ApoE gene therapy to treat hyperlipidemia and atherosclerosis.
CURR OPIN MOL THER
275 - 287.
Atherosclerosis is the leading cause of death in industrialized countries and is becoming an increasingly worldwide risk to health. Apolipoprotein E (ApoE) is a blood circulating protein with pleiotropic atheroprotective properties that has emerged as a strong candidate for treating hypercholesterolemia and cardiovascular disease. In this review, we discuss the major developments in both viral and non-viral vectors aimed at achieving efficient delivery and sustained expression of an ApoE transgene. The technological advances in engineering viruses include cross-packaging to generate different serotypes of recombinant adeno-associated virus, and the use of multiple-deleted and helper-dependent recombinant adenovirus vectors to minimize immune responses and to package genomic loci. Non-viral ApoE delivery systems, including plasmids and cell-based therapy are also described in this review. Finally, a radical alternative to gene addition that has the potential for permanent cure in many genetic diseases - 'targeted gene editing' - is reviewed. This technology uses synthetic oligonucleotides to correct underlying point mutations in situ and has been evaluated for repairing dysfunctional APOE genes.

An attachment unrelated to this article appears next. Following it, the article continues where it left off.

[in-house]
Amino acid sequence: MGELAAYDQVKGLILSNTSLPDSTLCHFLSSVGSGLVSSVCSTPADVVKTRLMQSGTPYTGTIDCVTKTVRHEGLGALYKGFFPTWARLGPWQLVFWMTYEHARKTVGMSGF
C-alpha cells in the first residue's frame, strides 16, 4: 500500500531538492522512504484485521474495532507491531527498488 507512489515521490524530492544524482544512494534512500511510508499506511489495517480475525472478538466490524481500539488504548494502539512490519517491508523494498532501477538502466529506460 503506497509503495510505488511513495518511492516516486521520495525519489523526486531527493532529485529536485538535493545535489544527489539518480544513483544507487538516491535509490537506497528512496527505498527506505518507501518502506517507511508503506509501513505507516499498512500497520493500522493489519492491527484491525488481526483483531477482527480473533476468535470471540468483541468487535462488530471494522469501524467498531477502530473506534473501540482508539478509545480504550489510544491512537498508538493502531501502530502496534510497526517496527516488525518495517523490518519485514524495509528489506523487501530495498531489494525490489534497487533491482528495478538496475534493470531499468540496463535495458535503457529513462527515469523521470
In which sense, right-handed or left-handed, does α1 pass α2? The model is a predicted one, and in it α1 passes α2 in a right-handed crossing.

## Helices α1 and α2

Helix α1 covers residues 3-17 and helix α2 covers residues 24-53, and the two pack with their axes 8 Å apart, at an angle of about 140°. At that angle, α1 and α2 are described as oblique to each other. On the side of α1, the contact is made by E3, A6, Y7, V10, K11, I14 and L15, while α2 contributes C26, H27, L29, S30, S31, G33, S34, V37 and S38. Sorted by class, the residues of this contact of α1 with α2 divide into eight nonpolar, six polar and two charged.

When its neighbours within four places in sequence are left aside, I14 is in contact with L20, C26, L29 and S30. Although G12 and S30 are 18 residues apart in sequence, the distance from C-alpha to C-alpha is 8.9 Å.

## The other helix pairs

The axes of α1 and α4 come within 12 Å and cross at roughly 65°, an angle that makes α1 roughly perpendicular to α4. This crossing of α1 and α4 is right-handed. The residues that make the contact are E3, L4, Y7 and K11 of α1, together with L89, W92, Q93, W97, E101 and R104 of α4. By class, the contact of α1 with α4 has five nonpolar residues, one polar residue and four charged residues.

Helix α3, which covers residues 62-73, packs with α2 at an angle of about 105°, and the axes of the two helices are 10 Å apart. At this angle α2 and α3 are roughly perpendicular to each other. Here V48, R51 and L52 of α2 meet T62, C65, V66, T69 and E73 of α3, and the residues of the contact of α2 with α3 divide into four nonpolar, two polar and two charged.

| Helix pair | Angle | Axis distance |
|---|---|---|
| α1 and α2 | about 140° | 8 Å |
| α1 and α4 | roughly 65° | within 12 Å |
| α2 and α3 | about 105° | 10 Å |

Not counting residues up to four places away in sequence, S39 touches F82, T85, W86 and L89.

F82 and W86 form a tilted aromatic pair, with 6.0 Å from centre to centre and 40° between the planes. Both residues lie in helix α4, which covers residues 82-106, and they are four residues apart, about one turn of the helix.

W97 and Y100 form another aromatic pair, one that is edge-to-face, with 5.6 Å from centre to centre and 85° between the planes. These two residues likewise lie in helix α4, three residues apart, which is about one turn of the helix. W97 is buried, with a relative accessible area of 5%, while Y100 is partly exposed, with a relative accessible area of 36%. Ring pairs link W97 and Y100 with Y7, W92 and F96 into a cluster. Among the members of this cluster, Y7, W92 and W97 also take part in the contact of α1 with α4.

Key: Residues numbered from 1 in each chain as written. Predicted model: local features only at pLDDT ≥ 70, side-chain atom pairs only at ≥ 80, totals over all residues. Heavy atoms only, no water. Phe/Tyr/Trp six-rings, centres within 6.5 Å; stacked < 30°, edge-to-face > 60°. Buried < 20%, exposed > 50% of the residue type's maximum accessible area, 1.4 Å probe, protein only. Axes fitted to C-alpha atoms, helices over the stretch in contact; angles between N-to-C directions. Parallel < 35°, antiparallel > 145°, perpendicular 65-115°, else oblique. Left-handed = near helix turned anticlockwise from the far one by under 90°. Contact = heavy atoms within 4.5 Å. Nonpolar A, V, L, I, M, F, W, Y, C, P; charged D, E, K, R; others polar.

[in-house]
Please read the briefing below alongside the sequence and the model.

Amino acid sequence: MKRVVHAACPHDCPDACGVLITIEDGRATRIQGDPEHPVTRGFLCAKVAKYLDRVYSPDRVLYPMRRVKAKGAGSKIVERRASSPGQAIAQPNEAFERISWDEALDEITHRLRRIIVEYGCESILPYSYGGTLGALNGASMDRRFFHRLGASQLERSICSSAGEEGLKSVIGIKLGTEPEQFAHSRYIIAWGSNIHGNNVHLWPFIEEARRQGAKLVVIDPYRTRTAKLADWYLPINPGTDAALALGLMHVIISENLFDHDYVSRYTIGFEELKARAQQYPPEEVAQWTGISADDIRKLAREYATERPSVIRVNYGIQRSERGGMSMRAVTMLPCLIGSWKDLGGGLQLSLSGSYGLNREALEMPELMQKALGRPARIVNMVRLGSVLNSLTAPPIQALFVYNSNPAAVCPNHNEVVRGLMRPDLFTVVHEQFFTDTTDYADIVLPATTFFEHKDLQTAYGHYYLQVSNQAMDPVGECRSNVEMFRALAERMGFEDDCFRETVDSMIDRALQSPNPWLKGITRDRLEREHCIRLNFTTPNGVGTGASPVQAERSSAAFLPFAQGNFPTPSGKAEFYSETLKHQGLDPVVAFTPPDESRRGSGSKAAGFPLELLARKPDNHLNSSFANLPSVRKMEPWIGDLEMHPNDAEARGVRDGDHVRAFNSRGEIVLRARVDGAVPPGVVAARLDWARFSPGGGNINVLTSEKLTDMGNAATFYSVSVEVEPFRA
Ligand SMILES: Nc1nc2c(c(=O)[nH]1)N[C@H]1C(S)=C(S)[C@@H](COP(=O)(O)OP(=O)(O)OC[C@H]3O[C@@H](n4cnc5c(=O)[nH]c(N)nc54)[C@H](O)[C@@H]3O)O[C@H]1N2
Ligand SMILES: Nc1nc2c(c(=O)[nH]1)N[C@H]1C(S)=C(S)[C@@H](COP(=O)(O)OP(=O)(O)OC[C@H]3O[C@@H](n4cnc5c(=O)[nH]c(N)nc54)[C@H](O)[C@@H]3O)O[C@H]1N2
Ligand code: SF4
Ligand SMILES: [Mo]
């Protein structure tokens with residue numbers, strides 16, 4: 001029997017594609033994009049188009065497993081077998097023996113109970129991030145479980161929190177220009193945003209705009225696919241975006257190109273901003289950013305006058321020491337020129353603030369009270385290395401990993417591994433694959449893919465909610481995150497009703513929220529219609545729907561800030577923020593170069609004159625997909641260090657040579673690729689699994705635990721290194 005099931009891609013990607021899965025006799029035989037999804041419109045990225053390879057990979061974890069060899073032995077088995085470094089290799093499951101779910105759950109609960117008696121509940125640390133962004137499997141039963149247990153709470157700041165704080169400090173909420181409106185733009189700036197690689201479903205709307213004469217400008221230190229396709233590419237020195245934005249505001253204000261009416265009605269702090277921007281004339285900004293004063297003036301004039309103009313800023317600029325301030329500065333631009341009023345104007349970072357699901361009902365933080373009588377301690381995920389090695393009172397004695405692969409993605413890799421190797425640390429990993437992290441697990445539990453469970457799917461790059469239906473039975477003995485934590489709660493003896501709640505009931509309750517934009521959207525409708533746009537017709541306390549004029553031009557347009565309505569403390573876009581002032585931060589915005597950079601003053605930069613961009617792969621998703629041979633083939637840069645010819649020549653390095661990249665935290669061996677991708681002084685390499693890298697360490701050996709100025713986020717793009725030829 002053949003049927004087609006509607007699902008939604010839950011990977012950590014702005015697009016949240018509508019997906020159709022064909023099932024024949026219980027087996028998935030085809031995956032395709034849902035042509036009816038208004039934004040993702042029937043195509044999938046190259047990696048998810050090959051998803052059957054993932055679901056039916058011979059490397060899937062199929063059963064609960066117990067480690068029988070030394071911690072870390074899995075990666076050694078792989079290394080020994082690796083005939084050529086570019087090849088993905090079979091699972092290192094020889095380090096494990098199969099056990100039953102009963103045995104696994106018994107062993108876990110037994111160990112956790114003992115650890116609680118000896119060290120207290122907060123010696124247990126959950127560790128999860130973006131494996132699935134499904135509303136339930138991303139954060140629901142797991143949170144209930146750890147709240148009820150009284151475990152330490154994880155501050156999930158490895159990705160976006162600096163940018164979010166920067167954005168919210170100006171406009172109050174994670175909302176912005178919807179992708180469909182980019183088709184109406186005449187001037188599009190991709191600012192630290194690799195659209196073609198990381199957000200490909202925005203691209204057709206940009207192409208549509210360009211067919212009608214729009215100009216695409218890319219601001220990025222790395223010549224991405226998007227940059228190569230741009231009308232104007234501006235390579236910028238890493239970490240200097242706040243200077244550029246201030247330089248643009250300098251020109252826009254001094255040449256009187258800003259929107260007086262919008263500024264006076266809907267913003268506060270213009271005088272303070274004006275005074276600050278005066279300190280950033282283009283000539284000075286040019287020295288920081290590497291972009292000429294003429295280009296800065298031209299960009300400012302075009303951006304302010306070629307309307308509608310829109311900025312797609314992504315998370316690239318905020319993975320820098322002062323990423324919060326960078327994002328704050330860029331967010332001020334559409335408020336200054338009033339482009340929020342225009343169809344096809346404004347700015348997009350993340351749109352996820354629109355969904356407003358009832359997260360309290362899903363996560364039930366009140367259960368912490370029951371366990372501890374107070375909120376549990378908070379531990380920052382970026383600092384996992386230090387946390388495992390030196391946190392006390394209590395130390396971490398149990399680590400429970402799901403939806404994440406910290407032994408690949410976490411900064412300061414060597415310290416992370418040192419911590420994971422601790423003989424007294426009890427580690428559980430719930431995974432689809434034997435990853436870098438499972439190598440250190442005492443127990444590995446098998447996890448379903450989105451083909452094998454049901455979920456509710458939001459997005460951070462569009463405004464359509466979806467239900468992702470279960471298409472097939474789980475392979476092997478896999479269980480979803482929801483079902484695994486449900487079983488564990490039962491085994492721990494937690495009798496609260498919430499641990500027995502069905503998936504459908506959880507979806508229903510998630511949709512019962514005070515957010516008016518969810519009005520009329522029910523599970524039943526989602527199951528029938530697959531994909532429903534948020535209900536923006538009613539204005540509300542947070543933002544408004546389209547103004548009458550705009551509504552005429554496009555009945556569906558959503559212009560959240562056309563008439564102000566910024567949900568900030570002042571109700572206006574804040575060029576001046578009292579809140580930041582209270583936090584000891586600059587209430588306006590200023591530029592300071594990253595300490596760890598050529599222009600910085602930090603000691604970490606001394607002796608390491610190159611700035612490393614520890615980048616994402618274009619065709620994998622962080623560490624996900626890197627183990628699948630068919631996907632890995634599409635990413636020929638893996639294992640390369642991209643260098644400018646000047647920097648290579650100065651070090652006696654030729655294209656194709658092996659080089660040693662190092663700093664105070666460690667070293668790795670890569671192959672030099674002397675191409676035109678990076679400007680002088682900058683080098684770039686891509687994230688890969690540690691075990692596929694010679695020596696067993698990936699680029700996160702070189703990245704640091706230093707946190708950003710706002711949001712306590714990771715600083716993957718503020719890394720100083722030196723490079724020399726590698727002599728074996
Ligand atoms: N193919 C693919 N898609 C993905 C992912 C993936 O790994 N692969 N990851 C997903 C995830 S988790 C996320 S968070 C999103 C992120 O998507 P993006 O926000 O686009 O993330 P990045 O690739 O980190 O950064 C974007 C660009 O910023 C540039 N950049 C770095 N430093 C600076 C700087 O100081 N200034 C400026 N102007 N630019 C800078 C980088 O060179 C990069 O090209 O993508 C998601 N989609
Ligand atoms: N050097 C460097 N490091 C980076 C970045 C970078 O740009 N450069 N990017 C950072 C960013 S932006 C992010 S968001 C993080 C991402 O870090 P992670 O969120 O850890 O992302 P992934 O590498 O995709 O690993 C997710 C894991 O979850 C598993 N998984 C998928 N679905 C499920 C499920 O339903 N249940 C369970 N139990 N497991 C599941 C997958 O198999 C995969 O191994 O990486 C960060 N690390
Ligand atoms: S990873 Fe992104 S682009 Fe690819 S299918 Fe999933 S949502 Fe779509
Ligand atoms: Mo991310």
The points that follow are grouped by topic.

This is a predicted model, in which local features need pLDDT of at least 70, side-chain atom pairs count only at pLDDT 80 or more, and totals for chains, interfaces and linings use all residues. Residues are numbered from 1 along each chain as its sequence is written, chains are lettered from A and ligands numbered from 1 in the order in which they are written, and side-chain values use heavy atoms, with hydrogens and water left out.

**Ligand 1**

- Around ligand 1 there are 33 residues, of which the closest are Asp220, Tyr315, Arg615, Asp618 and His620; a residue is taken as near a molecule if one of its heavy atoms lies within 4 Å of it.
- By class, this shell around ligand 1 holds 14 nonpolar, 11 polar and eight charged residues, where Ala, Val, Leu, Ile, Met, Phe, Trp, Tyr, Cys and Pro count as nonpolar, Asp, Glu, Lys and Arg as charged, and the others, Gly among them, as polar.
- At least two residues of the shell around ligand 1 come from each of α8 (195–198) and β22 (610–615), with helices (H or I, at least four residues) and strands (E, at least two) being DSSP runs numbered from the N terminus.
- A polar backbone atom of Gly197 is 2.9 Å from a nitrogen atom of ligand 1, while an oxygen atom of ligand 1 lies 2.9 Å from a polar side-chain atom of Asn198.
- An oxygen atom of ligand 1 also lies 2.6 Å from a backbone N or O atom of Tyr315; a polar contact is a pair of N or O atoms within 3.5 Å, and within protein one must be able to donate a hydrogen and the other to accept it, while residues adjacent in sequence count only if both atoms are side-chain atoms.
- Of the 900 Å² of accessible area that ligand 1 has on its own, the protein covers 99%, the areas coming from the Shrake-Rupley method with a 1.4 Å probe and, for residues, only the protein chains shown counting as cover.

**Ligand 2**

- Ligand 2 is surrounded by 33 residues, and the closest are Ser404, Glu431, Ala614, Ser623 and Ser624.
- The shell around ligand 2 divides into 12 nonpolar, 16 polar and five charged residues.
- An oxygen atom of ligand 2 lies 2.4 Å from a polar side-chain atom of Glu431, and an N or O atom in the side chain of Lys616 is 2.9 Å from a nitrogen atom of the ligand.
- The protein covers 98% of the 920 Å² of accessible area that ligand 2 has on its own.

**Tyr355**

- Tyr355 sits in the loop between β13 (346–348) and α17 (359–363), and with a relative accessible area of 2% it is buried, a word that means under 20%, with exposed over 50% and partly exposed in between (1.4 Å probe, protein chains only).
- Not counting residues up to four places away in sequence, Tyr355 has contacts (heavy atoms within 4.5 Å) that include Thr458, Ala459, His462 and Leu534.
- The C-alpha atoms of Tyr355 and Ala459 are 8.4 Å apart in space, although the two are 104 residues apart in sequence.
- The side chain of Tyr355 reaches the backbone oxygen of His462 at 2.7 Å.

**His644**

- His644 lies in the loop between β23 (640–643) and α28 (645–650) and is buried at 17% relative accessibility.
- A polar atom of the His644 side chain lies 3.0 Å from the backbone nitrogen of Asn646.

|Title:||ApoE gene therapy to treat hyperlipidemia and atherosclerosis|
|Open access status:||An open access version is available from UCL Discovery|
|Keywords:||adeno-associated virus, adenovirus, ApoE, cardiovascular disease, gene repair, hypercholesterolemia, lipoprotein, E-DEFICIENT MICE, HUMAN APOLIPOPROTEIN-E, RECOMBINANT ADENOASSOCIATED VIRUS, RNA/DNA OLIGONUCLEOTIDES CHIMERAPLASTS, DIET-INDUCED HYPERCHOLESTEROLEMIA, POLYMERASE(-) ADENOVIRUS VECTOR, TRANSDUCTION IN-VIVO, SKELETAL-MUSCLE, INTRAMUSCULAR INJECTION, VIRAL VECTORS|
|UCL classification:||UCL > School of Life and Medical Sciences
UCL > School of Life and Medical Sciences > Faculty of Medical Sciences
UCL > School of Life and Medical Sciences > Faculty of Medical Sciences > Medicine (Division of)
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